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Schools in the UAE Leave Grads Unequipped for Job Market

UAE : 04 November 2010

The education system in the UAE is failing, leaving national graduates ill equipped for work in the UAE, according to a Federal National Council member.

The gap that exists between what the school system provides and what the UAE economy needs is an indication of the problem, stated Najla Faisal Al Awadhi of the FNC.

The rapid growth of the UAE is a challenge.  Because economic developments in telecommunications, infrastructure and foreign investments have not been met by developments in the education system there is a lack of human capital to meet the rising economic demands, according to Al Awadhi, general manager at the media firm Dubai One.

If the UAE is to truly reach the aspiration of becoming a key global player, there are areas such as the education system that need immediate attention and development.

Al Awadhi, the youngest member of the Federal National Council, called on private industries to claim a stake in the school system in an effort to turn failing education establishments around.

She noted that the private sector can vocalize the issues they are facing, approaching the government and current policies in an effort to work together.

The education budgets within Gulf nations are on the rise as they move to bolster economic growth and decrease their dependency on the petro industry.  This process is moving slowly and a number of schools are continuing to struggle.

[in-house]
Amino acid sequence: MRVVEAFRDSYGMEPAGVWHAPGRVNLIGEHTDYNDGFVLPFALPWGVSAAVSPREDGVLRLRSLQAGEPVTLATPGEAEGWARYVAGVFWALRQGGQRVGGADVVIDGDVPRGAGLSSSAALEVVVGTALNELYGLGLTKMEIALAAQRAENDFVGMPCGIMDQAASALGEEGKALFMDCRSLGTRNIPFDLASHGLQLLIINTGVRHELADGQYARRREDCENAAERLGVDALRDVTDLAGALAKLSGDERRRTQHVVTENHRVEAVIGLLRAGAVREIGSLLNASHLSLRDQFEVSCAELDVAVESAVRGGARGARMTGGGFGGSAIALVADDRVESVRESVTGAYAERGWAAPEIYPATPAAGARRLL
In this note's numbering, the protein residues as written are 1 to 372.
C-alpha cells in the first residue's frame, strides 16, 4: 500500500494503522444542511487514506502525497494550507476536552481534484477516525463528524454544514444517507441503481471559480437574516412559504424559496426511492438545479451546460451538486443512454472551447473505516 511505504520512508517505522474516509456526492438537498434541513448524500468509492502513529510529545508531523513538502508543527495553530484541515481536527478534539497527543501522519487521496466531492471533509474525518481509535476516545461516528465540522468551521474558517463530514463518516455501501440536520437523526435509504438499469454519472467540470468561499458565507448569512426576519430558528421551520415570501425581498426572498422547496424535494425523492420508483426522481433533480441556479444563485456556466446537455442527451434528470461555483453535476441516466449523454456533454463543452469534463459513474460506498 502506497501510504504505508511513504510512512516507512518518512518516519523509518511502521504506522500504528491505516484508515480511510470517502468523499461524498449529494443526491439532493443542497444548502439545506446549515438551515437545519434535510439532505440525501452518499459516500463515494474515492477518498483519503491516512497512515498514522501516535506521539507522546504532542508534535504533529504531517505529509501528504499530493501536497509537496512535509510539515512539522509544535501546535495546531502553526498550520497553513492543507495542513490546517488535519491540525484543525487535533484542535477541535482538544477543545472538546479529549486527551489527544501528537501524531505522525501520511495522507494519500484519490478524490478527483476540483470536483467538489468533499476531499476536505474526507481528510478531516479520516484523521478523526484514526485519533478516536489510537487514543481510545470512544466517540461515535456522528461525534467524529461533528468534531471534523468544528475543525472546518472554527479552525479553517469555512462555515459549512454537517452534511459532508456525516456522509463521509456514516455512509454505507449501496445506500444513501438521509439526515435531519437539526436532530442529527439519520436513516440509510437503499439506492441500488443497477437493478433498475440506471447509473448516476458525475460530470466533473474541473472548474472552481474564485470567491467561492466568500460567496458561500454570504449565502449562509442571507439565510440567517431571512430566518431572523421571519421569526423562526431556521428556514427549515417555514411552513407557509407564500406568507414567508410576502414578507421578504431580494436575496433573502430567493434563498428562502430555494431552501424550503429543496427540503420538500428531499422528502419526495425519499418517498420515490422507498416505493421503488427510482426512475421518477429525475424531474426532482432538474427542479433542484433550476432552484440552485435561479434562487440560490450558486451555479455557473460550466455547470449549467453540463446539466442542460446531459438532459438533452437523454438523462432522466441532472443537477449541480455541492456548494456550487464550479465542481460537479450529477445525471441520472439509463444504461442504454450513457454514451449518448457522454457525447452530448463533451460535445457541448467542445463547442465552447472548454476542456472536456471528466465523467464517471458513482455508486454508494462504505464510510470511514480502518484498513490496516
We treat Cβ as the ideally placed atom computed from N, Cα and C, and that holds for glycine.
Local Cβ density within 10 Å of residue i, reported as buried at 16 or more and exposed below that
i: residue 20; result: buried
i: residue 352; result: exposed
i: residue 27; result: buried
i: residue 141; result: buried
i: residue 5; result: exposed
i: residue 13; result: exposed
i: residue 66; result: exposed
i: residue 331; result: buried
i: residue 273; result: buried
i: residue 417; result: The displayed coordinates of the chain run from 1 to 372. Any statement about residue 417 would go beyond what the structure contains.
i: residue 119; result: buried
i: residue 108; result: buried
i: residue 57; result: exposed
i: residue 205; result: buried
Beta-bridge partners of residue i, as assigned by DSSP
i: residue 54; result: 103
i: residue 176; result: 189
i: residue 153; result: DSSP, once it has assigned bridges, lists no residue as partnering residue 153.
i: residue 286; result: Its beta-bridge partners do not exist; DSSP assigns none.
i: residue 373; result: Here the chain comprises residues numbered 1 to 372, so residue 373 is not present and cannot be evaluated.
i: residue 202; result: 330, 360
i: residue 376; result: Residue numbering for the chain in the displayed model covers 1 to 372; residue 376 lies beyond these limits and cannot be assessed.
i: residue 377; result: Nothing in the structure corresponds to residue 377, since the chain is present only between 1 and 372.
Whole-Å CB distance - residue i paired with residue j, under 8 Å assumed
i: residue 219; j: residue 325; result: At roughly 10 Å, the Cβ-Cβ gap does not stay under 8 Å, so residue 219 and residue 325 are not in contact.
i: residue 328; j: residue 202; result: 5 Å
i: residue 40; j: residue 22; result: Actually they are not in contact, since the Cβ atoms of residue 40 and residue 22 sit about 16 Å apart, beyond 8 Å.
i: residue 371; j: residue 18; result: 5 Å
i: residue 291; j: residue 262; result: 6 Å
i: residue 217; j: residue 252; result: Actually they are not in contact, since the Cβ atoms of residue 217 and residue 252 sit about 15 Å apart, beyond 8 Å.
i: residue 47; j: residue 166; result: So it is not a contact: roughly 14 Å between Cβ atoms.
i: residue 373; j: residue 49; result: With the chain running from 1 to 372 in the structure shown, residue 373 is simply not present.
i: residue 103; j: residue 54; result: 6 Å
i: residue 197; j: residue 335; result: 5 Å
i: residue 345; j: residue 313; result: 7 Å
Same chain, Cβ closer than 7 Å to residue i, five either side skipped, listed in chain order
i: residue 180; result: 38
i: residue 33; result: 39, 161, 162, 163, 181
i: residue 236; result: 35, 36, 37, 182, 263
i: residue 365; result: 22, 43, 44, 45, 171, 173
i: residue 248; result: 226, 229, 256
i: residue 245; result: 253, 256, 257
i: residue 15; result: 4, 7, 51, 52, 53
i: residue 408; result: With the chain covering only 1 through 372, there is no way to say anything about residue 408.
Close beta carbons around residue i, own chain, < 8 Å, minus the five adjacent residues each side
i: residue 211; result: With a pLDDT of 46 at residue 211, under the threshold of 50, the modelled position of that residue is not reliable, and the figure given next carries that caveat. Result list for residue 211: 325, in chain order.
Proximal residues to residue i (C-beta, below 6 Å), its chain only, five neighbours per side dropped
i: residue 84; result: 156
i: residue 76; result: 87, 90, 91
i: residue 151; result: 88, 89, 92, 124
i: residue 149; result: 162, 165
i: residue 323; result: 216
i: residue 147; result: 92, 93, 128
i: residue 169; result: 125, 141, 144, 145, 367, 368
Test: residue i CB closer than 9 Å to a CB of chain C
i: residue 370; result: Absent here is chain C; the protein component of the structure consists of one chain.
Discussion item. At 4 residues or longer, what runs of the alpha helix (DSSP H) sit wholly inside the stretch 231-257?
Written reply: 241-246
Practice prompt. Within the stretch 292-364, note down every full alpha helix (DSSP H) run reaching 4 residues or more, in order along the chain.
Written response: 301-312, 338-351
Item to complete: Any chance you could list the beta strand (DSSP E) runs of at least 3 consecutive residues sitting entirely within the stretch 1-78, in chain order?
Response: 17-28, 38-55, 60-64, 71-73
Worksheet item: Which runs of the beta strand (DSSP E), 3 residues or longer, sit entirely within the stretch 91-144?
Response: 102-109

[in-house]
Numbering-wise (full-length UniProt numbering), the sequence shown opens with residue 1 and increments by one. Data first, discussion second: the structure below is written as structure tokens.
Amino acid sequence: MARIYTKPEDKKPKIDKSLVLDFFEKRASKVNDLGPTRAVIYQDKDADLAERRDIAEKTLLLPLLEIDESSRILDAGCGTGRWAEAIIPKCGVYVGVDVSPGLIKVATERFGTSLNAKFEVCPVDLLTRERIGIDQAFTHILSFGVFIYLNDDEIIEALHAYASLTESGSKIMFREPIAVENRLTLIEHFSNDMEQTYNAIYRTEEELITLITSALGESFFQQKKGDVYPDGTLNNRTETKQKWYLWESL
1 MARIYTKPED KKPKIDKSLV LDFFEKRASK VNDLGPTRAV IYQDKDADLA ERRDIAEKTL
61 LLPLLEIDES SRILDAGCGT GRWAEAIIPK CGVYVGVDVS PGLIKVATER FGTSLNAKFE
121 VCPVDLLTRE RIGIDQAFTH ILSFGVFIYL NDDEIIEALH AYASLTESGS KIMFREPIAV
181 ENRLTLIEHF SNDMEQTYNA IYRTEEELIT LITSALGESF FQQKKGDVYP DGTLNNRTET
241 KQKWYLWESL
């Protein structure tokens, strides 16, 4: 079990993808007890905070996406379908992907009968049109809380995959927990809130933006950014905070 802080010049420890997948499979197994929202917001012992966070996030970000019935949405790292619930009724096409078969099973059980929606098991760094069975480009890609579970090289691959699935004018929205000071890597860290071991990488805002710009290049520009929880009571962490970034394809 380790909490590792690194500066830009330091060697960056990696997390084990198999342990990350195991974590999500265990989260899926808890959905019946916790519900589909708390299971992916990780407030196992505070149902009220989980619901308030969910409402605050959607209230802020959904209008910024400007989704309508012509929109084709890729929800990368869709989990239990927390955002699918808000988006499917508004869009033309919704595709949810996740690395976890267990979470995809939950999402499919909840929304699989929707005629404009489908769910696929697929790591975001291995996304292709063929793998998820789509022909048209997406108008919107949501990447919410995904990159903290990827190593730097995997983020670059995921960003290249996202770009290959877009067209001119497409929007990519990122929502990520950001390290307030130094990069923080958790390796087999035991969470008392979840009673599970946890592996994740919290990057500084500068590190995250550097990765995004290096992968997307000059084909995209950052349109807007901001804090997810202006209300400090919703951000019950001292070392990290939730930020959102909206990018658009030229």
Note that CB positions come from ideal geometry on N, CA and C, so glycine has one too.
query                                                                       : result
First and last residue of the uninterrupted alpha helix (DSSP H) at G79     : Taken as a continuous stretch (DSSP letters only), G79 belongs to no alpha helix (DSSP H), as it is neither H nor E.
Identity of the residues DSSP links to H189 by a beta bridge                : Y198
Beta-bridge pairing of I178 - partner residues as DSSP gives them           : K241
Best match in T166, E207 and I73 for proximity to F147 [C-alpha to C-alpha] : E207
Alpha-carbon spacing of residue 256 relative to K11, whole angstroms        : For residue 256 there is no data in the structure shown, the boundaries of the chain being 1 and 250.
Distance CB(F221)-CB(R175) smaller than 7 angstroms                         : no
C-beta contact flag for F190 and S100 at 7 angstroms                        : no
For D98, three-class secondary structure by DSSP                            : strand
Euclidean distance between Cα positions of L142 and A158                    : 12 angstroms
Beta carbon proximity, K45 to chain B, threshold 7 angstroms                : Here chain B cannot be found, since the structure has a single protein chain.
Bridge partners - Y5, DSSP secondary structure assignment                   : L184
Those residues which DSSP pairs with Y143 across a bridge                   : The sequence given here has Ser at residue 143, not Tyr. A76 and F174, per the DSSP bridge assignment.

The Dubai Schools Inspection Bureau noted in June that four in 25 schools throughout Dubai failed inspections.

Al Awadhi spoke on the sideline of discussions put on by Dubai Knowledge Village.  The panel meeting was held to consider the future for business in the UAE.

Chairman of the Bin Zayed Group, Khaled Bin Zayed Al Nehayan, noted that the nation must push to encourage the small businesses within.  Sheikh Khaled, who is also the founder of the Bin Zayed Group, stated that many potential and talented entrepreneurs are limited and discouraged by red tape and difficult, confusing legislation.

The cost of starting a company in the UAE is high, said Sheikh Khaled. Compared to other locations, such as the US where business start up can cost very little, the cost and amount of licenses required in the UAE is excessive.

Reducing the costs would then encourage skilled entrepreneurs to move forward creating jobs and innovations that will have a large impact on the overall economy.

In the Doing Business 2011 report, released by the World Bank and International Finance Corporation, the UAE ranked in 37 out of 40 nations.

With costs as high as they are Sheikh Khaled feels that reductions are necessary.  Then entrepreneurs, who are often responsible for job creation, innovation and making a difference in the economy, can more easily start and operate their businesses.

Paul Holdsworth, Staff Writer, Gulf Jobs Market News
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